WASHINGTON, D.C. — Following a string of major bipartisan successes in the first six months of the new Congress, the U.S. Senate is now turning its attention to education with the Every Child Achieves Act. This landmark bill drafted by the Senate health, education, labor and pensions committee aims to address the shortcomings of current federal education law and return power to states, school districts, teachers and parents.
Hatch, a longtime member and former chairman of the committee, won inclusion of several key provisions and amendments that will build on education successes that parents, educators and policymakers have achieved in Utah.
“We should build on Utah’s example and empower all states to implement these important reforms,” Hatch said.
On Monday, the Senate voted to pass an amendment authored by Hatch that would increase privacy protections for students’ confidential data from abuse. That amendment passed with significant bipartisan support by a vote of 89-0.
“It is important that Utah parents know their children’s privacy is protected when they are utilizing exciting new tools to learn,” Hatch said.
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Video courtesy of the Offices of Sen. Hatch, St. George News
Hatch has also proposed an amendment that would apply Utah’s Pay for Success program on the national level, providing a flexible funding stream that would allow schools, districts, nonprofits and small businesses to develop evidence-based proposals based on the specific needs of students and the community.
“Most importantly, this amendment puts parents and teachers in the driver’s seat, not Washington bureaucrats,” Hatch said.
Education leaders in Utah have applauded Sen. Hatch’s efforts to build on what has worked at home, said the release.
Tim Jackson, the chief operating officer of United Way of Northern Utah, an organization that has led efforts to implement Pay for Success in Utah, said:
Pay for Success is an innovative funding model that has been successfully adopted in Utah. It is exciting to see Senator Hatch emphasizing the need for inclusion of Pay for Success in the Every Child Achieves Act. One of the compelling elements of the pay for success model is that if results are not delivered taxpayer dollars are not spent.
Bill Crim, chief executive officer of United Way of Salt Lake issued the following statement of support:
We applaud Senator Hatch and the work he has done to ensure the Every Child Achieves Act works for states, local communities, and the students they serve. Senator Hatch’s sponsorship of an amendment to provide flexibility for states to utilize Pay for Success financing is critical to Utah as we move to ensure all of our children start school ready to learn. Pay for Success has allowed the state of Utah to support programs that have proven outcomes, increase quality in its early learning programs, and to support the academic achievement of our most at-risk students.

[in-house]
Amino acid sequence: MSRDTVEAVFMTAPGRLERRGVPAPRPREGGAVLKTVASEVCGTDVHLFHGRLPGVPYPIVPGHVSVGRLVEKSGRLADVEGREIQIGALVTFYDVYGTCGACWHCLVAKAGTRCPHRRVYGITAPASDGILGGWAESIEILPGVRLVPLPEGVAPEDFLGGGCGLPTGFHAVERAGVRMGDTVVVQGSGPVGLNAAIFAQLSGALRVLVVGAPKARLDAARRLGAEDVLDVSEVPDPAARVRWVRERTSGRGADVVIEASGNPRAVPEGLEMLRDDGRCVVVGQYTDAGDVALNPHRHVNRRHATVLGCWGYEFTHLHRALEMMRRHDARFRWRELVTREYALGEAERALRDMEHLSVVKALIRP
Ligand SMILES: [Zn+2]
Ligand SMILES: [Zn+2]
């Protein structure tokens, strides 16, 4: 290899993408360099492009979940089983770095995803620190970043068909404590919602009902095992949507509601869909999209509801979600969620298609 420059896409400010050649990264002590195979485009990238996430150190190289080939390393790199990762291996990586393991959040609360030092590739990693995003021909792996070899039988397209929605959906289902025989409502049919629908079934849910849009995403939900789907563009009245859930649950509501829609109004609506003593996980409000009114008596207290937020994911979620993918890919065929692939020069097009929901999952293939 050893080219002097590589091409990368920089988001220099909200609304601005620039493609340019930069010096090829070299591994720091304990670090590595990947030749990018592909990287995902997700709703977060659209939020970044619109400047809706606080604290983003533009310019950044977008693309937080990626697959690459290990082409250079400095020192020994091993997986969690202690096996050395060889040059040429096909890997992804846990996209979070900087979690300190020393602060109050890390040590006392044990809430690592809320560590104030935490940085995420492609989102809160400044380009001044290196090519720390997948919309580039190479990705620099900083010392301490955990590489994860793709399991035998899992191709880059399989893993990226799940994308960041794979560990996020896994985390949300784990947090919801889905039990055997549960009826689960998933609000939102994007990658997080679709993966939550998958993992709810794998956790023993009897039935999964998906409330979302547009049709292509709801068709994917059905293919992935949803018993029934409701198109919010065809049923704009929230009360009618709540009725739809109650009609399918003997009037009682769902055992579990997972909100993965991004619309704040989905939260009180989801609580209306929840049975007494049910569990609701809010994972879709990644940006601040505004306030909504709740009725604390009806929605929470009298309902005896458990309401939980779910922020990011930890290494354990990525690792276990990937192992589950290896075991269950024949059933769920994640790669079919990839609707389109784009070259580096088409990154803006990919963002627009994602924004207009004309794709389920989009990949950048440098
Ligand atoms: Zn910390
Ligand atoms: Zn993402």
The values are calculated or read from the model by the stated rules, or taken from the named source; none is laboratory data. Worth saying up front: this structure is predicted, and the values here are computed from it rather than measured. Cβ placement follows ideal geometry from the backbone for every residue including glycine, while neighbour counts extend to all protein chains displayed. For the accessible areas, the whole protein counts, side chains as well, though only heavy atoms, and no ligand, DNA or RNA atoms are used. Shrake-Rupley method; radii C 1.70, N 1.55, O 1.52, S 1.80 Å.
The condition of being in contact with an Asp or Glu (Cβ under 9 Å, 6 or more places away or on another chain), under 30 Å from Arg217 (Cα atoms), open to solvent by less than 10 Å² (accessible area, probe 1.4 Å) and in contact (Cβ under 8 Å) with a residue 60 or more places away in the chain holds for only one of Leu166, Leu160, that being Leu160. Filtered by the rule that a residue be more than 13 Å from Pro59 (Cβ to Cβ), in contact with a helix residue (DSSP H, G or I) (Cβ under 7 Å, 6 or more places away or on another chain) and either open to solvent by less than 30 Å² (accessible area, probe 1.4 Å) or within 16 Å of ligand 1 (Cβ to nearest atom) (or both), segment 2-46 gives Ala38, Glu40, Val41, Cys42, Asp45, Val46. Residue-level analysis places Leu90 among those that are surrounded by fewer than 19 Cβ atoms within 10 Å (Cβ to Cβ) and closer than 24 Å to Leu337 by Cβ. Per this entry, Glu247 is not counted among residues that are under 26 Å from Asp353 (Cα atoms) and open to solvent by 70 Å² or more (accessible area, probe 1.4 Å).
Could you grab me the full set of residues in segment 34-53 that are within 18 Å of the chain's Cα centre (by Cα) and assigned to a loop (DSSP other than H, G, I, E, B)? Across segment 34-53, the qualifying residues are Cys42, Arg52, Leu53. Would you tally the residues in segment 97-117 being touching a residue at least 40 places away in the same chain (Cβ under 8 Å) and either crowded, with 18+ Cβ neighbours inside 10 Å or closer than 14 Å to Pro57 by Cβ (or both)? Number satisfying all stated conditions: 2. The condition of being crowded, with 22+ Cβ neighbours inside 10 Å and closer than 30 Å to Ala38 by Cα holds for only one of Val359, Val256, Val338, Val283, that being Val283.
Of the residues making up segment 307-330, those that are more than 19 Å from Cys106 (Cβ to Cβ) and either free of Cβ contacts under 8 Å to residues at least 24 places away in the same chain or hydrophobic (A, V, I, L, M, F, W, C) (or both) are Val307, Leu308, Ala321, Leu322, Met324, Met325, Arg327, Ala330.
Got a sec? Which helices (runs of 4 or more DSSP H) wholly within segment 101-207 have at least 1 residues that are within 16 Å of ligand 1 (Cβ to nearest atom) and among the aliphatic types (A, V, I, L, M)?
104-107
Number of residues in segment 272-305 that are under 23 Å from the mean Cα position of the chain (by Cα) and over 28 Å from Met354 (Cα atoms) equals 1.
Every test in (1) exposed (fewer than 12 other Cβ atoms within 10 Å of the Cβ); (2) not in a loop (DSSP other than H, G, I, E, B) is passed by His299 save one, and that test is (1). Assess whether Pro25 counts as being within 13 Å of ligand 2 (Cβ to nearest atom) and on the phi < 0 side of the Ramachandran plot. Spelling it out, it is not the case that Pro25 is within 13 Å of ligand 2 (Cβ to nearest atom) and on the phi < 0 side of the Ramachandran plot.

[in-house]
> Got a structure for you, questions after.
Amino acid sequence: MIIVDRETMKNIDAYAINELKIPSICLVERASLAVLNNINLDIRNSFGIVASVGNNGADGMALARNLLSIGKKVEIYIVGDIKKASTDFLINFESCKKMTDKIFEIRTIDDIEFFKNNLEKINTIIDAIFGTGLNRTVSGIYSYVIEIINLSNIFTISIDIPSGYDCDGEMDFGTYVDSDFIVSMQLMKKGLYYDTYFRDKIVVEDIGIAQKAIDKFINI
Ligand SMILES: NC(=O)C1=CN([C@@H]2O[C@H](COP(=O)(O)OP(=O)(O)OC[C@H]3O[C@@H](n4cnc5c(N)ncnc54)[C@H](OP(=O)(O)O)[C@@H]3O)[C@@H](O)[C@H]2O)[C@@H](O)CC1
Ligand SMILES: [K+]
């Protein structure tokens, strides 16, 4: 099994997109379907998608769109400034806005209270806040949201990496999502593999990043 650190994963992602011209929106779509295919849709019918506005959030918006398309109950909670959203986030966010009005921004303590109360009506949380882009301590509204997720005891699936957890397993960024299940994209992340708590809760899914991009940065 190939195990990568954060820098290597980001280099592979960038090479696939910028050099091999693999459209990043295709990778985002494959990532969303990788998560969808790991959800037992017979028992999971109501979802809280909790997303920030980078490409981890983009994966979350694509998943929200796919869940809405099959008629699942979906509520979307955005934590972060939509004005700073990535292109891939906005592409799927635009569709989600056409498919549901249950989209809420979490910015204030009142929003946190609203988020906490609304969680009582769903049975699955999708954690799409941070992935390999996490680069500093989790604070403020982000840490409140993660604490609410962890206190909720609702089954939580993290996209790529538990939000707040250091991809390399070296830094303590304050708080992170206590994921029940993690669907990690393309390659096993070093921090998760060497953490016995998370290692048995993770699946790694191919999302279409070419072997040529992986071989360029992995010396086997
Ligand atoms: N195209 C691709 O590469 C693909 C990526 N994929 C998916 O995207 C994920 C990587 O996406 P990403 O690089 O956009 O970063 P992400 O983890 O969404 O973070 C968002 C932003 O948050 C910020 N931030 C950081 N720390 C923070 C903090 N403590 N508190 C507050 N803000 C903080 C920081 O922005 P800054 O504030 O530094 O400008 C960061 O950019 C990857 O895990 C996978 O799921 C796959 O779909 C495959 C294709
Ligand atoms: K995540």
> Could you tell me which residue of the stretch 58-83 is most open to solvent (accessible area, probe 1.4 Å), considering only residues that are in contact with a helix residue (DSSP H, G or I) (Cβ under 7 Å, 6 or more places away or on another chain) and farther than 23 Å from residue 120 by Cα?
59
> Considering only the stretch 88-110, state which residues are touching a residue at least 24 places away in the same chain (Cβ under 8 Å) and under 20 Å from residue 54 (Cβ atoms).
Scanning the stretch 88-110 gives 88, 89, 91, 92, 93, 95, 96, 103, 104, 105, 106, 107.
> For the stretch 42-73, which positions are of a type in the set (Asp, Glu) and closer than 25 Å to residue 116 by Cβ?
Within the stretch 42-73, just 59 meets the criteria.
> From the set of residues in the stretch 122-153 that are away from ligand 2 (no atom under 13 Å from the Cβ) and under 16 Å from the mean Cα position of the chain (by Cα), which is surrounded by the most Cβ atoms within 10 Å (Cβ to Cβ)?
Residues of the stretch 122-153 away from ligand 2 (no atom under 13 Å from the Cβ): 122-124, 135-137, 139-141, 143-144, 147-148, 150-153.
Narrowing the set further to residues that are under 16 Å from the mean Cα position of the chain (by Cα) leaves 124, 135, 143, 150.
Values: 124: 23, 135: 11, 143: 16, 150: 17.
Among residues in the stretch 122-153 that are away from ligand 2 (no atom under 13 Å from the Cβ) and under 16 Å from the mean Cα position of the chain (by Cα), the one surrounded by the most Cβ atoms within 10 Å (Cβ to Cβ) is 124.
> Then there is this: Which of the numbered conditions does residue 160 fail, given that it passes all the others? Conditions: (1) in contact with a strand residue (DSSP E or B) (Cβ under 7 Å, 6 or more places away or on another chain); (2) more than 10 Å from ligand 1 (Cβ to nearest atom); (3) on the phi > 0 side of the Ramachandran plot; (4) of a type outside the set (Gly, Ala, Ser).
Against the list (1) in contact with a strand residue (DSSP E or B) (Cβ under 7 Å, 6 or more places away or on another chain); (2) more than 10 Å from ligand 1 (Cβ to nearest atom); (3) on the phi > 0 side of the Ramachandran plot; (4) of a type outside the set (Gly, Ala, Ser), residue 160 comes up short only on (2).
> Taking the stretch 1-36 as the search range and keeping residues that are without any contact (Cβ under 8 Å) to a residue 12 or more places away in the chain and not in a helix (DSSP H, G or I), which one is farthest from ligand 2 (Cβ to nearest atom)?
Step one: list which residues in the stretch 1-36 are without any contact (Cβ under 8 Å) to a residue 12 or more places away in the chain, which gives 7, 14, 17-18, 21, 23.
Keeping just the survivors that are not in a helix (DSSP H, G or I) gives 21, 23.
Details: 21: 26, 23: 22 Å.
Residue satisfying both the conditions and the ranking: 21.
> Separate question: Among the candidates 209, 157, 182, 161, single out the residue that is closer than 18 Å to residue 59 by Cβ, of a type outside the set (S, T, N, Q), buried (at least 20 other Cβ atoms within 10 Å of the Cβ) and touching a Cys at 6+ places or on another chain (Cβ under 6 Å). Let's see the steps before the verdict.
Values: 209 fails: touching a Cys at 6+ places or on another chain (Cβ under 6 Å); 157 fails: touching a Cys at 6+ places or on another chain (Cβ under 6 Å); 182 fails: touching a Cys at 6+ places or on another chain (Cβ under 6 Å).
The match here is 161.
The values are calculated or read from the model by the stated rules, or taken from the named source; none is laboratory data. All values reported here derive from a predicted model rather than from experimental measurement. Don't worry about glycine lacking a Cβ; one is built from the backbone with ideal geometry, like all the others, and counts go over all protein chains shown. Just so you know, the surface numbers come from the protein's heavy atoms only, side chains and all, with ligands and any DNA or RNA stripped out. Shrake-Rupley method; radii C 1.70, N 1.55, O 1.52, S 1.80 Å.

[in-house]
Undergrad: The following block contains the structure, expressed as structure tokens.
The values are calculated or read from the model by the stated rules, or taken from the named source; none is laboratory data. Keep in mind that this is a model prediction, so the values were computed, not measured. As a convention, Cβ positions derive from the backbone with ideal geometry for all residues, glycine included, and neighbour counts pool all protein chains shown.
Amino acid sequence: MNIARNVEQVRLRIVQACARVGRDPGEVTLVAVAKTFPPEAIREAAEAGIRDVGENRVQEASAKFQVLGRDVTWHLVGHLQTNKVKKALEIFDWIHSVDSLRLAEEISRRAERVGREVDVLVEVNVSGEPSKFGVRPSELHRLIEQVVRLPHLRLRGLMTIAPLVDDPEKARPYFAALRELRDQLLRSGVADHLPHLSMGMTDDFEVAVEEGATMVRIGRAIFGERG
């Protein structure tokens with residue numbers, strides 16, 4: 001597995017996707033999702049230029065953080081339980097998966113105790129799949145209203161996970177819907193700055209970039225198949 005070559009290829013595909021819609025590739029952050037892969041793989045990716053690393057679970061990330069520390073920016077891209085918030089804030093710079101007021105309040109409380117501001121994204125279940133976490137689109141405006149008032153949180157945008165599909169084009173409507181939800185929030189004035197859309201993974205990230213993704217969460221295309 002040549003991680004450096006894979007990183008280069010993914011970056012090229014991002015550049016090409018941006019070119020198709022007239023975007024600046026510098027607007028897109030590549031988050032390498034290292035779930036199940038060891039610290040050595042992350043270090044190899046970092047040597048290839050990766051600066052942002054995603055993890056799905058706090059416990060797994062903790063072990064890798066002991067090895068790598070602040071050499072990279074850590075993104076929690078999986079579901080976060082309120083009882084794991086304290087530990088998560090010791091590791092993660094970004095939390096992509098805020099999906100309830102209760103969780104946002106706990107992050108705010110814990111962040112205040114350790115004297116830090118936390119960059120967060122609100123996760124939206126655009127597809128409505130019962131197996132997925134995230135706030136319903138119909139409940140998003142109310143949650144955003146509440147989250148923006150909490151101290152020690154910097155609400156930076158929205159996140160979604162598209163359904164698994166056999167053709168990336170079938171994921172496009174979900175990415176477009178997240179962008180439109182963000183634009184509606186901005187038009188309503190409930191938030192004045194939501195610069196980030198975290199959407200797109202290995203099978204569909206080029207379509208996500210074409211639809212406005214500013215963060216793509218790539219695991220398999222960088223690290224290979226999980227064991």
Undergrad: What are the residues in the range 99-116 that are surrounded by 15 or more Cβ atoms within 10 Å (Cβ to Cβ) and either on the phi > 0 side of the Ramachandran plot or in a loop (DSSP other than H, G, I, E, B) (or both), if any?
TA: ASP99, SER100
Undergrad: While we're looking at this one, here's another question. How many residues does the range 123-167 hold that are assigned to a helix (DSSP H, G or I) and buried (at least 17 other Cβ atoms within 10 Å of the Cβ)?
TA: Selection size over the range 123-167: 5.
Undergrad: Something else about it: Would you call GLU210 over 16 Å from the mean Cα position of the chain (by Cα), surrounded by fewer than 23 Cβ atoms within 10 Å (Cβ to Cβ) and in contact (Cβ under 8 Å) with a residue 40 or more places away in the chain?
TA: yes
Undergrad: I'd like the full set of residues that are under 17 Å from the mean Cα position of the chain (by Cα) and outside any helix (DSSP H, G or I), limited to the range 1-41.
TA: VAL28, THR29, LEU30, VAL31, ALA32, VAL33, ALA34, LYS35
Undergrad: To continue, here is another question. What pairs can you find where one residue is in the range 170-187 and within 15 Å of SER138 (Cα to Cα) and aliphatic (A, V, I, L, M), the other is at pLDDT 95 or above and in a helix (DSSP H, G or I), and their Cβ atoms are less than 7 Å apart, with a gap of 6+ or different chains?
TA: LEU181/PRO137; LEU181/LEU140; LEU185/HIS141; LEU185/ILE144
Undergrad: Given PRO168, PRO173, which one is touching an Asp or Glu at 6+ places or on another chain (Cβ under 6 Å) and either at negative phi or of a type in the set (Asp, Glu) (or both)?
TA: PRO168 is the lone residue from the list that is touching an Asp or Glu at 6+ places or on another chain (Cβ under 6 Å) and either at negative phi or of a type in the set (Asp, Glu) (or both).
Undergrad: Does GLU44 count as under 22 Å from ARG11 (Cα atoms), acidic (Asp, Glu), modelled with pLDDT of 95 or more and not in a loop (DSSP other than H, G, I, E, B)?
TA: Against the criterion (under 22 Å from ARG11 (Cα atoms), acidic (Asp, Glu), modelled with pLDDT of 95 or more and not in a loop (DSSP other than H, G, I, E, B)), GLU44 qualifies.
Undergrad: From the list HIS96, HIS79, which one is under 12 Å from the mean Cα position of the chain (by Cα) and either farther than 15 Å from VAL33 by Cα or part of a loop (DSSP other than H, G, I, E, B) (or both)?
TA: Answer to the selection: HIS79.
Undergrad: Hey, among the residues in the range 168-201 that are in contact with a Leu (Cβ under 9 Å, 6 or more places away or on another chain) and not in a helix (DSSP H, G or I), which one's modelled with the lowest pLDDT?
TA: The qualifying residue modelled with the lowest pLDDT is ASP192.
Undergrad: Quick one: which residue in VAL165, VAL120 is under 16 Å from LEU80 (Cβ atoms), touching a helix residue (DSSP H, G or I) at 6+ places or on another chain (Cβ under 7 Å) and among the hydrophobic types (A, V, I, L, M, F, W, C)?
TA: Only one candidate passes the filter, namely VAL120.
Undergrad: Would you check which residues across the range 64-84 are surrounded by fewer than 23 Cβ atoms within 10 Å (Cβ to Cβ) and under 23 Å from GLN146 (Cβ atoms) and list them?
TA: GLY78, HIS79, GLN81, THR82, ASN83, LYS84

Hatch’s full remarks, as prepared for delivery, are below:
The first six months of this new Congress have been filled with exciting, meaningful victories, and we are now turning our attention to education. With the Every Child Achieves Act, Congress now has an opportunity to correct the shortcomings of No Child Left Behind. Instead of setting artificial and unattainable requirements, the new legislation allows states like Utah to set their own standards for success. It defers to local leaders to formulate goals that are realistic and effective for their districts. Most importantly, it puts parents and teachers in the driver’s seat, not Washington bureaucrats.
Under this new bill, states will continue to develop their own standards and will establish their own accountability systems linked to these standards. States will also be able to say what they want their accountability systems to measure and will be able to determine how well their students are doing based on a variety of important metrics, which we will be able to measure by keeping the important statewide one- test-a-year requirement. We can provide parents transparency, while doing away with the failed “high-stakes” testing approach.
To keep parents and teachers in charge, I’ve proposed the “Pay for Success” program—a flexible funding stream that would allow schools, districts, non-profits, and small businesses to develop proposals based on the specific needs of students and the community. Utah has led the way on “Pay for Success” by implementing the first-ever program designed to expand access to early childhood education for at-risk children. I believe we should build on Utah’s example and empower other states to develop similar proposals. The amendment I’ve proposed provides states the funding they will need to implement these kinds of programs.
In addition to “Pay for Success,” I’ve also offered an amendment that will preserve student privacy as technology becomes more integrated with education. This amendment will create a structured commission to study important aspects of the convoluted world of student privacy. This commission will give us the information we need to bring student privacy laws up to speed with recent developments in technology. It is important that Utah parents know their children’s privacy is protected while their children are utilizing exciting new tools to learn.
The bill we are considering will make significant improvements to the quality of education in Utah, and it will enhance the ability of our students to compete in a global economy once they enter the workforce. While the nature of compromise and governing means that this bill may not be perfect in each Senator’s eyes, it represents an opportunity for meaningful, needed reform for Utah schools.
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